Serrano, a preschool teacher of 2- to 4-year-olds, took her class on a field trip to a nearby conservation park. Yao, a 4-year-old, excitedly ran up to Serrano, showing her a bug she found on a tree. A number of other children came up to see what the excitement was all about. Yao had many questions about the bug, as did the other children. They wanted to know what kind of bug it was, where its mommy and daddy were, what it ate, did it sleep, how big would it grow, and more. Then Stephen joined the group, holding up a multicolored rock he found in a creek. The children wanted to know if it was gold, if it was worth any money, and where it came from.
At first Serrano thought the children did not know much about bugs or rocks. She thought she had a considerable amount to teach them about science. However, she quickly realized they already knew a lot about both. Their questions suggested they understood that as a living thing, bugs had many of the same characteristics of other living things, such as needing food and rest, whereas rocks did not share those same properties. The children needed specific details to fill in the gaps of their knowledge.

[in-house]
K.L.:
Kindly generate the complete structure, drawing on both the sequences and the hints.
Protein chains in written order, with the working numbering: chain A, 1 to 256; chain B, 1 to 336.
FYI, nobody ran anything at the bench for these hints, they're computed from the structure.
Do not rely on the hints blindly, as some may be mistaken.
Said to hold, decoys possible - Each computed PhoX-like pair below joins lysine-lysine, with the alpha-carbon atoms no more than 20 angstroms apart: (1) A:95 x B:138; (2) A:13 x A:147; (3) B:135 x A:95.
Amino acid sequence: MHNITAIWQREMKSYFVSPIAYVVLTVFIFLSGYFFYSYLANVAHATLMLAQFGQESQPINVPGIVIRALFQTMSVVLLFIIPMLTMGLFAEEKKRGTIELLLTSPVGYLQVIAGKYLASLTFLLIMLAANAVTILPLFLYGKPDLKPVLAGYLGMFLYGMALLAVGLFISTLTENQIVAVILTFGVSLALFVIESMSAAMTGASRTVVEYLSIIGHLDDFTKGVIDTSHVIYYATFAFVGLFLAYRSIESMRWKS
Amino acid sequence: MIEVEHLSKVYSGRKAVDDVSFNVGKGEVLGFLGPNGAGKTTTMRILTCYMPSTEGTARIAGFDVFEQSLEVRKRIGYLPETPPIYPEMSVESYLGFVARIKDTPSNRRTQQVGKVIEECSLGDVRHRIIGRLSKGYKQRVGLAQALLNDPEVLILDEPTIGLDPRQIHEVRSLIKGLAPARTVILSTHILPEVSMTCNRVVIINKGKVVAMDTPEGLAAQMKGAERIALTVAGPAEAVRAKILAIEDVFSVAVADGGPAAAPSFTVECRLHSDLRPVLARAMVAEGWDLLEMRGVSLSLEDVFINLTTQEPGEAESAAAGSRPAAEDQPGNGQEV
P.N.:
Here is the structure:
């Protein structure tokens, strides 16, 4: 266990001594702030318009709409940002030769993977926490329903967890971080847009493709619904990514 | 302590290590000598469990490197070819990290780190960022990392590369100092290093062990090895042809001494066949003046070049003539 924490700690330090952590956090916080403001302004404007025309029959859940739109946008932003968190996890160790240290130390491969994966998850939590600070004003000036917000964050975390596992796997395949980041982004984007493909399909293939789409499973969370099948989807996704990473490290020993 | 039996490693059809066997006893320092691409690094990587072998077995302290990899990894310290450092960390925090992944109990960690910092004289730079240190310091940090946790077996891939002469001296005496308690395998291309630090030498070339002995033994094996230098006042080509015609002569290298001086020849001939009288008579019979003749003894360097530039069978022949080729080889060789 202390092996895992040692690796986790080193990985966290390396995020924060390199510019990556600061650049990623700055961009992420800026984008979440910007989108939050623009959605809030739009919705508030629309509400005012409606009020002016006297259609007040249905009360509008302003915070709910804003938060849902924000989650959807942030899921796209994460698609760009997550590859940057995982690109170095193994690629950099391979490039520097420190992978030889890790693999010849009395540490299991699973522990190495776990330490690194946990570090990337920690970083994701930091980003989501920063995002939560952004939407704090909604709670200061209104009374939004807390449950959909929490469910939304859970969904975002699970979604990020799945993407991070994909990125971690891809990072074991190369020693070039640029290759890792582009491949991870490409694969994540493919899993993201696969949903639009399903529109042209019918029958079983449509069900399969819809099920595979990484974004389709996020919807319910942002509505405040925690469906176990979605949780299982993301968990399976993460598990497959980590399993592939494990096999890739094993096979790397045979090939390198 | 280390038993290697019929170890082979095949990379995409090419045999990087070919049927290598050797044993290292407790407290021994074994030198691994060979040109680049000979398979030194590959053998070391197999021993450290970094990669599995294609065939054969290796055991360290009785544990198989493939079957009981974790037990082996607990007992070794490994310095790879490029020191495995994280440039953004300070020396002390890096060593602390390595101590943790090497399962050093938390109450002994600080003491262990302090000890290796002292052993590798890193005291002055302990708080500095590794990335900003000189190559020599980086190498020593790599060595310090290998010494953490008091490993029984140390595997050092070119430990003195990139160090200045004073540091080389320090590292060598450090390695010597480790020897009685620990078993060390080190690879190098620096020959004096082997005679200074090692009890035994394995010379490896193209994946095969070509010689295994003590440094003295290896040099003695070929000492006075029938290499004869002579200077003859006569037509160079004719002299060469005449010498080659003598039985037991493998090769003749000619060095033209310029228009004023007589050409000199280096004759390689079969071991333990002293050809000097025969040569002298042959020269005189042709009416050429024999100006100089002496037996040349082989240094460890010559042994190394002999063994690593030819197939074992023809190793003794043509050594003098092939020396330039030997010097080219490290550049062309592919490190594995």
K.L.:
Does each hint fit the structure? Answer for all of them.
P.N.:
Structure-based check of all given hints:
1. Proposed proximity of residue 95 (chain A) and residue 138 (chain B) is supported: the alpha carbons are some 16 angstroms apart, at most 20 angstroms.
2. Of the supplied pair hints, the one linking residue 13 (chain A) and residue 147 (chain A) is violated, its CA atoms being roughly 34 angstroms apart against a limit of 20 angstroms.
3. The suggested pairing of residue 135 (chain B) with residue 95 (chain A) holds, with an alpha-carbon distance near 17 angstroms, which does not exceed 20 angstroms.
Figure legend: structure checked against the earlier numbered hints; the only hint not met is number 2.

Serrano took this opportunity to teach her students more about biology. She held up the bug and asked, “Who knows what kind of bug this is?” The children shouted out their answers. When she asked about the rock, a boy named Joshua wanted to know how big it would grow. Serrano then recognized that although children had a correct understanding of some concepts, they had a number of misconceptions as well. There were many challenges ahead, and she could not wait to get started.